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Mature Gardens

If you want to see a well-behaved garden, visit one that is about three years old.

mature gardens

Photo: Paul Houle (flickr)

Hellebores in sun.

Three years is about the time it takes for plants to settle in and grow a bit. But it’s not long enough for most plants to get out of hand and start moving around. Even in the first seven years or so it is usually still possible to see some semblance of the original design that the gardener intended.

Actually though, I once read that most gardens need to be redone about every seven years. Unfortunately I read this useful information too late to help my own garden. It had definitely already taken the leadership role away from me by then.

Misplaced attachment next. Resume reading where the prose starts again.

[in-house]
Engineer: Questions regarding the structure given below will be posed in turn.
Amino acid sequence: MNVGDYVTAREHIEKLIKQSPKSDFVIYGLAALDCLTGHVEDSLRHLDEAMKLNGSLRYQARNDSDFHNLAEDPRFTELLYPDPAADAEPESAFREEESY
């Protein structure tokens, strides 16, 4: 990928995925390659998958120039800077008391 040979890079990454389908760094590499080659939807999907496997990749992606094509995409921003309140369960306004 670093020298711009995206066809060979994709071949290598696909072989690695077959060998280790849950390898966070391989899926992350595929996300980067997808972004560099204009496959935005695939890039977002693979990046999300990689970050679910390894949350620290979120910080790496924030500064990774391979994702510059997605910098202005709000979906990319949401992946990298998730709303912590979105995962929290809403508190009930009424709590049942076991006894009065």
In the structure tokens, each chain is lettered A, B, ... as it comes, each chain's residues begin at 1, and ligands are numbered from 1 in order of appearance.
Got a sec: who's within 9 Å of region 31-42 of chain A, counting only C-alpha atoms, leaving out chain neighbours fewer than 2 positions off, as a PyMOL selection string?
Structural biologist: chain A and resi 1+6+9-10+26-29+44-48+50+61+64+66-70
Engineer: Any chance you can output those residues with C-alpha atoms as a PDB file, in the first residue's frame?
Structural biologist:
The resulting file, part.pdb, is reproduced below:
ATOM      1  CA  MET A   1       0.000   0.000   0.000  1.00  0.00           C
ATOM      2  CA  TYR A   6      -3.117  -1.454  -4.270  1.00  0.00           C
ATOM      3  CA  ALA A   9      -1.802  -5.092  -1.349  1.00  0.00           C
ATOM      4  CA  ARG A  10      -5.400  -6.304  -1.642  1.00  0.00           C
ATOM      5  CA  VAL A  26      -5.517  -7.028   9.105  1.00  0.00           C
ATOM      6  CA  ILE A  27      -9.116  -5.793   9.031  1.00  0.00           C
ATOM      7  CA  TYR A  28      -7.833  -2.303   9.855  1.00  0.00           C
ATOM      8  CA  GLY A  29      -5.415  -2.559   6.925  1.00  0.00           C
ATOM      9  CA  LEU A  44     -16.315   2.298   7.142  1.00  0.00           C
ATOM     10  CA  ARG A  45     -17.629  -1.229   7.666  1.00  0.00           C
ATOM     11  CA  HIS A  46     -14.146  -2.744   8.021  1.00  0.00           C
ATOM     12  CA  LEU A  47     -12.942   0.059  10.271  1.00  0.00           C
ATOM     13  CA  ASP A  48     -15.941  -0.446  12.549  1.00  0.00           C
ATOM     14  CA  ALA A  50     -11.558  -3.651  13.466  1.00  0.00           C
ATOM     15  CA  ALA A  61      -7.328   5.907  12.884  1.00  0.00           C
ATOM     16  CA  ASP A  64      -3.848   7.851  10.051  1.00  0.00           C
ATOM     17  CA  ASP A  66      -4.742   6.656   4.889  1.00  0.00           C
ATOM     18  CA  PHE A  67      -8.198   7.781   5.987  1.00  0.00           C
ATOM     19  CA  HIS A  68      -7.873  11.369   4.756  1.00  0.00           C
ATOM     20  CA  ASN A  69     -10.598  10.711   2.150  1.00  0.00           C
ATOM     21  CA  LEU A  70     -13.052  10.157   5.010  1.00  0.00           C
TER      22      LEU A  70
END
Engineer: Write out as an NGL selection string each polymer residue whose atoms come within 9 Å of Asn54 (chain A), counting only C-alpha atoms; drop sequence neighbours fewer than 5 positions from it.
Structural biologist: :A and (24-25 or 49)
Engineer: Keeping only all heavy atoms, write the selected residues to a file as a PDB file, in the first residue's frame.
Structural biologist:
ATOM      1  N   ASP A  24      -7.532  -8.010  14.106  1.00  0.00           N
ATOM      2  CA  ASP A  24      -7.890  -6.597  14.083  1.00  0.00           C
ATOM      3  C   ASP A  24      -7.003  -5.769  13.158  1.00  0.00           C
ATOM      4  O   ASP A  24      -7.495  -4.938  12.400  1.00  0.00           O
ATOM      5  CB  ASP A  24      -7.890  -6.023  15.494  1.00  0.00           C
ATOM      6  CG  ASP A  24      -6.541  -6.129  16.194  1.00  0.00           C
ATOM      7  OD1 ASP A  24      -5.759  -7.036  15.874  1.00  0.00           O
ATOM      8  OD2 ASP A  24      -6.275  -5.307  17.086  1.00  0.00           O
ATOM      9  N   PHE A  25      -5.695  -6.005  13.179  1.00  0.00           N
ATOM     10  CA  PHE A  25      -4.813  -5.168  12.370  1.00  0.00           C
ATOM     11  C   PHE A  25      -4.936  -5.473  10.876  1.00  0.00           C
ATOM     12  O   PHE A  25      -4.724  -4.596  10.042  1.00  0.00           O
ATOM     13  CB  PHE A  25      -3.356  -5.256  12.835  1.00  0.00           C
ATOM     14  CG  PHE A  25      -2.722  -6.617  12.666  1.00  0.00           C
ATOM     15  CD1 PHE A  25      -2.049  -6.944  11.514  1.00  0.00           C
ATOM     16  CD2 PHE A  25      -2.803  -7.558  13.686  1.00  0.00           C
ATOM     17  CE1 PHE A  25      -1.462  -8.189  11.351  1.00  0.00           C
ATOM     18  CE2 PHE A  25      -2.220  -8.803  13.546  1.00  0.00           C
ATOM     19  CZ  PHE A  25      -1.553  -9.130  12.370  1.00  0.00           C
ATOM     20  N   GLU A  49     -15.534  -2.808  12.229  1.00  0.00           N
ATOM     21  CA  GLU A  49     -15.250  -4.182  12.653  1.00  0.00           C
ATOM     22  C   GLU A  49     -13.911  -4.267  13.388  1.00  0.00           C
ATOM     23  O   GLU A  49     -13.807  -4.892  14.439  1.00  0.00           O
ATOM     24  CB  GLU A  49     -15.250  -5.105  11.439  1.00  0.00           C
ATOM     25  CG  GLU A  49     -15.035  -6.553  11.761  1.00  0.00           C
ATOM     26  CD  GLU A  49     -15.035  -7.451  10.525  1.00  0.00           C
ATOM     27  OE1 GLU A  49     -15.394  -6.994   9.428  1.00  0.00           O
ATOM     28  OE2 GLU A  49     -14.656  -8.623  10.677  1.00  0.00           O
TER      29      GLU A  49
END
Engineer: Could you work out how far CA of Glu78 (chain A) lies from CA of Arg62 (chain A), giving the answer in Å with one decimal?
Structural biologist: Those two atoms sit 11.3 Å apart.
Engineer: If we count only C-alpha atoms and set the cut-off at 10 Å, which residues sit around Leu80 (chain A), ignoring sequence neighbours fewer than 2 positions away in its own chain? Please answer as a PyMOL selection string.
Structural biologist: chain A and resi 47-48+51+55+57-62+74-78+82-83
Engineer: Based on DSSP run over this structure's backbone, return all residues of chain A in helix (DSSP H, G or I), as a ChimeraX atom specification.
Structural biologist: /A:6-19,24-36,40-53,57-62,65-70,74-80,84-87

I am beginning to believe that unless the gardener is a very disciplined individual, the plants are really in charge of a garden after just a few years. Look at the way they hop around and self-sow and get out of their original bounds. One day we put them here, and quite suddenly they are there.

Many plants are extraordinarily adaptable. This sometimes happens when trees die and suddenly a shade garden is in full sun. I have some vigorous and healthy masses of epimedium and hellebores that seem to love living in full sunshine, even though they are supposed to prefer growing in the shade.

Mature gardens, like mature people certainly seem to have minds of their own. The good news is that a little serendipity in a garden certainly seems to add to its charm.

Moya Andrews

, originally from Queensland, Australia, served as Vice Chancellor for Academic Affairs and Dean of the Faculties at Indiana University until 2004. In the same year, Moya began hosting Focus on Flowers for WFIU. In addition, Moya does interviews for Profiles, is a member of the Bloomington Hospital Board, and authored Perennials Short and Tall from Indiana University Press.

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